Miami Heat

MRI clears Whiteside (left knee soreness) and keeps him in Heat’s injury-plagued lineup

Hassan Whiteside to have an MRI on his left knee

Hassen Whiteside said he woke up with discomfort on Monday and wouldn't reveal how much pain he's in. Nov. 28, 2016.
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Hassen Whiteside said he woke up with discomfort on Monday and wouldn't reveal how much pain he's in. Nov. 28, 2016.

When Hassan Whiteside woke up Monday morning something didn’t feel quite right with his left knee. It was sore and he was concerned.

The Heat, which has been hit by a rash of injuries to start the season, is thankful the soreness didn’t turn out to be more. An MRI cleared him and the league’s leading rebounder and No. 2 shot blocker made his 17th start Monday night against the Boston Celtics, ensuring Miami of having at least one player on the roster who has started every game this season.

Counting Monday’s game, the Heat has had nine players miss a combined 62 games because of injuries, among the most in the league.

Although starting point guard Goran Dragic (he missed back-to-back games with elbow stiffness), center Willie Reed (he missed four games with a hyperextended knee) and guard Wayne Ellington, who missed the first 16 games of the season, all returned to action against the Celtics, Miami still had three key players out against Boston.

Small forward Justise Winslow (sore left wrist) missed his eighth consecutive game, and starting shooting guard Dion Waiters (hip flexor) and Tyler Johnson (oral surgery), the Heat’s leading scorer off the bench, missed their first games of the season.

Waiters scored a season-high 28 points in Saturday’s loss to the Grizzlies, but was headed in the wrong direction in terms of his health, Spoelstra said.

“It just wasn’t getting better at all and the back-to-back [games on Friday and Saturday] definitely didn’t make it any better,” Spoelstra said. “And it’s not going to get better [by continuing to play]. You really risk it getting worse. Those things are tricky. Anywhere in the hip flexor or groin area, that gets worse and it can put you out an extended period of time.”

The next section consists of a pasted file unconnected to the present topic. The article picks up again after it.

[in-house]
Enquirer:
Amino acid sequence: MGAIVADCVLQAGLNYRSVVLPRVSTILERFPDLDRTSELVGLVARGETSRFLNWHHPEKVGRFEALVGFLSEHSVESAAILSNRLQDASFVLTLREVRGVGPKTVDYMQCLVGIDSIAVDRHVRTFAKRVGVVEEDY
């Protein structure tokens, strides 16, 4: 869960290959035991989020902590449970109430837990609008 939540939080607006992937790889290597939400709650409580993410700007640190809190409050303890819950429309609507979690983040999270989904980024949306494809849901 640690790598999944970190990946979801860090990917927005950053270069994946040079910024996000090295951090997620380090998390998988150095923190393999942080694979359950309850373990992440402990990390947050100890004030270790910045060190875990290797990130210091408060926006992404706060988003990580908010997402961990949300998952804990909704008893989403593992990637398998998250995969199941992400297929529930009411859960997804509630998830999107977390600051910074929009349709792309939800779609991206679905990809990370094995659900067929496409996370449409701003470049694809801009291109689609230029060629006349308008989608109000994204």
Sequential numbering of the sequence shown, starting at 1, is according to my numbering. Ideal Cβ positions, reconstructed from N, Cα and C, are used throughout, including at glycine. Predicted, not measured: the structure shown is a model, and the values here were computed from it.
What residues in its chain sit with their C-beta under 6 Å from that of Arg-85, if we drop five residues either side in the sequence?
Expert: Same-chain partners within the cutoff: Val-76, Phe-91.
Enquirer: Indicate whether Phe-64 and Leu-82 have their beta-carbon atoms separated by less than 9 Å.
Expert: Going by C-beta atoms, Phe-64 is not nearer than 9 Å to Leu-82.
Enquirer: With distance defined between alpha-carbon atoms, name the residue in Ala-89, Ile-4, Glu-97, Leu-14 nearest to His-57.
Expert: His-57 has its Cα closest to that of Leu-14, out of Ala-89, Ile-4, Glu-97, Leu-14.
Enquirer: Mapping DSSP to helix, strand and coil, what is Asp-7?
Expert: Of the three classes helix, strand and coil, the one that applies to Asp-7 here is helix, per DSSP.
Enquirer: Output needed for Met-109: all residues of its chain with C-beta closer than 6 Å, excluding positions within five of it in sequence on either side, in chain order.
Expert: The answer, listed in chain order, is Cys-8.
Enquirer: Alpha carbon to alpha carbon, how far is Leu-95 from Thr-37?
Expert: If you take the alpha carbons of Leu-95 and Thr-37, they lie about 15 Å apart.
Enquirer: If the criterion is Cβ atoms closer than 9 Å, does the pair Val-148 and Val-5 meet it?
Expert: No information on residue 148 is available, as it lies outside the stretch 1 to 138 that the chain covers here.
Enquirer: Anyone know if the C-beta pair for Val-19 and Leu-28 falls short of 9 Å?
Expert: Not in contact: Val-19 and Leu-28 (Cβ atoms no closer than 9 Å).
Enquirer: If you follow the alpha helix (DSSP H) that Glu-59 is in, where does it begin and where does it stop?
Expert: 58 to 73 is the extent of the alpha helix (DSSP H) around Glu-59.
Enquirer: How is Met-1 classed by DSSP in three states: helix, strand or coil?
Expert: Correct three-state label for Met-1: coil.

Johnson, who is among the league’s leading scorers off the bench with 12.6 points per game, is recovering from oral surgery after losing a tooth in Wednesday’s blowout loss at Detroit.

Johnson isn’t expected to be out very long, but Spoelstra said the Heat is considering asking him and other players to wear mouth guards regularly. He had a tooth knocked out in summer league a couple years ago. And Dragic has also had several teeth knocked out over the years.

“Pretty soon players are going to look like football players out there,” Spoelstra said half-joking. “The way the game is played now with pick and rolls, you’re getting hit all the time. We’re going to try to require everything that we possibly can. Ultimately it will be the player’s choice.”

Winslow’s timetable for a return, meanwhile, remains undefined. He has yet to practice and the Heat isn’t sure when he will be back.

“We didn’t necessarily know [he would be out this long], but it’s in a tough area,” Spoelstra said when asked if the length of time Winslow has missed has surprised team officials. “And playing through it was aggravating it. It definitely was not getting better. So he’s been able to take care of that with rest. It’s still not where he wants it to be. But some areas take a little bit longer. The wrist, there are a lot of moving parts to that.”

Ellington, a career 37.6 percent three-point shooter, was happy to be back out on the floor. He said it was the longest stretch of his career he’s been out because of injury.

“It’s not completely out,” Ellington said of the thigh bruise he said doctors told him was one of the worst they had ever seen. “But I don’t feel it as I run and I cut. It doesn’t affect my play at all.”

Ellington, who played well in the preseason, said he didn’t think it would take him long to fit back into the Heat’s rotation.

“I went through the whole preseason so I understand our plays,” he said. “I know what we’re trying to accomplish as a team. Obviously it will take a little bit for me to build that chemistry with our guys, but at the same time I think the way I play it won’t take that long at all.”

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